Real-estate developers work hand-in-hand with the construction sector, which in turn is a mainstay of the Egyptian economy.
Until 2018, the construction sector had helped to provide approximately 3.7 million jobs, representing 20 per cent of Egypt’s total domestic work force, according to a statement by Minister of Planning Hala Al-Said at the Builders of Egypt IV Forum held in Cairo in March 2018.
Egypt’s real-estate sector even in current circumstances continues to draw investors, whether as end-users or partners in projects, many of them hailing from the informal sector and opting to put their money in real-estate projects.
“Construction work has actually never stopped on our projects,” said Tarek Aziz, project manager at the Alieddin Group, a real-estate company which builds commercial and administrative malls in popular districts and what Aziz described as middle-income, rather than high-end, real estate.
“Clients, many of them with an abundance of cash, continue to put their money in such projects [as partners in the investment] through direct cash payments,” Aziz said.
Construction materials continue to be available in the market, even during the current slowdown, Aziz said, describing the construction sector as “a bellwether for the Egyptian economy, and one that can never be allowed to collapse.”
In parallel with ongoing private-sector real-estate projects, the government is continuing construction on an ambitious housing project launched in 2015 that targets the construction of 725,000 housing units over six years.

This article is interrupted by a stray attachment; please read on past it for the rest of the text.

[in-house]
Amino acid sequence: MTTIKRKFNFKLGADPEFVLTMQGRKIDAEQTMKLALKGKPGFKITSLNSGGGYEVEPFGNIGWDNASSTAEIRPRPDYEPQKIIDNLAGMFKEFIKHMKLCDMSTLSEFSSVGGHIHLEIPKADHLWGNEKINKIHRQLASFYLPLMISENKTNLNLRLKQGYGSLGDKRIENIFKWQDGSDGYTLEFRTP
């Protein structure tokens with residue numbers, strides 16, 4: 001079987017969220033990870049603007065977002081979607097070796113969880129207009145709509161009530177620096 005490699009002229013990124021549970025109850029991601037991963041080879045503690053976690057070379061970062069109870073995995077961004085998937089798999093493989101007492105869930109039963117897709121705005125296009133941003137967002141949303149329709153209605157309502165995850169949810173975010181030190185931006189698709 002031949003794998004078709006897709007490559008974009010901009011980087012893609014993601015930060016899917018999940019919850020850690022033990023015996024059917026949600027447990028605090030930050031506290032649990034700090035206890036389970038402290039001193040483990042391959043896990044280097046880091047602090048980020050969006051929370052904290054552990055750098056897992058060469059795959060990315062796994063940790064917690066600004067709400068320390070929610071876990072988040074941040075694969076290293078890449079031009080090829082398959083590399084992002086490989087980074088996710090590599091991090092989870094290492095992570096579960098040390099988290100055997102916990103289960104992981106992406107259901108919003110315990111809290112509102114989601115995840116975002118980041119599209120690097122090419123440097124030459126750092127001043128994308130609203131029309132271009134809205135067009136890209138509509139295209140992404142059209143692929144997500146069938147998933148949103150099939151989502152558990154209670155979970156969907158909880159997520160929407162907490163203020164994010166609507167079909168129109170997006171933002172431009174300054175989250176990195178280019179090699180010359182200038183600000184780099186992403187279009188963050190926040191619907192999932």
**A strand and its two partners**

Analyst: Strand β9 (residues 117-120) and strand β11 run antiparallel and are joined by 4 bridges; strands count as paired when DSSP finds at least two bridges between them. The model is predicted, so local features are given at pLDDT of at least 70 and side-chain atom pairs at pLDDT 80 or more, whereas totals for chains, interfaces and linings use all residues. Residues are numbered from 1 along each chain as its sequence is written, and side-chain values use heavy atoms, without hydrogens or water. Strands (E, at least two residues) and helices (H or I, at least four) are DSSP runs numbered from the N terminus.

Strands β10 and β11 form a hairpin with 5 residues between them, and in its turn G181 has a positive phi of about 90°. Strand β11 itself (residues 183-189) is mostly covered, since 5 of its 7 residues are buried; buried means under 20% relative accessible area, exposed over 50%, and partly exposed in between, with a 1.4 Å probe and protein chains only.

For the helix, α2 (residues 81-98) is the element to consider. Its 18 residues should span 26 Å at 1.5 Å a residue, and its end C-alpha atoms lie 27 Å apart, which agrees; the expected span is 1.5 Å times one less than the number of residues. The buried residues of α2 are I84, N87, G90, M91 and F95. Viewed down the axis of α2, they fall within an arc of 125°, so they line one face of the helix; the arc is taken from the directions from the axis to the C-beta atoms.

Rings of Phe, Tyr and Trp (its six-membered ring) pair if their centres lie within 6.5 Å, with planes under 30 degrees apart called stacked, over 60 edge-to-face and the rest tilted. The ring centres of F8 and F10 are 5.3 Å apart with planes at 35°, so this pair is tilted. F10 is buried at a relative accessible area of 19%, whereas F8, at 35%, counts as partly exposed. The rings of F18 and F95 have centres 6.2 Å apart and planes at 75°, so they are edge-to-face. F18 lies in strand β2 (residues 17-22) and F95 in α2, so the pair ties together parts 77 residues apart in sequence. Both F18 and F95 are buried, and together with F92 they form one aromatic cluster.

Projects are underway in the Delta and Upper Egyptian governorates, as well as in new cities such as 6 October, Al-Rehab, and others. The government-sponsored housing projects aim to provide housing for middle- and lower-income groups and are offered at cost price, with payment schemes of up to 20 years and interest subsidised by the CBE.
Delivery is slated to be on schedule on these projects.
In the high-end real-estate market, sales have slowed but have not halted during the pandemic. “While it’s true there has been a reduction in sales, we have still seen purchases,” Nariman Al-Feki, assistant sales manager at Orascom for Hotels and Development, said.
“It’s true that the partial lockdown of the economy has negatively affected many sectors, but some sectors like the food industries and the retail sector including supermarkets, pharmacies and even e-commerce have thrived and made a lot of money. We find many people opting to put their money in real estate, even at the current moment,” Al-Feki said.
In a real-estate market where long-term structural demand continuously exceeds supply, the downside in the current circumstances has been a glut in high-end property, which has already seen a slowing down of sales.
Egypt also faces the paradoxical problem of having housing units whose owners leave them uninhabited at a time of a scarcity of affordable housing. In 2017, the Central Agency for Public Mobilisation and Statistics said there were 13 million unoccupied homes kept as second residences or for long-term investment in Egypt.
The challenge within this context remains creating a balance so that the real-estate sector can provide affordable housing to middle- and lower-income groups.
Direct intervention on the part of the government and plans to help home-buyers access commercial mortgages is the double-pronged policy that the government is adopting to meet the challenge.
*A version of this article appears in print in the 30 April, 2020 edition of Al-Ahram Weekly under headline: United we stand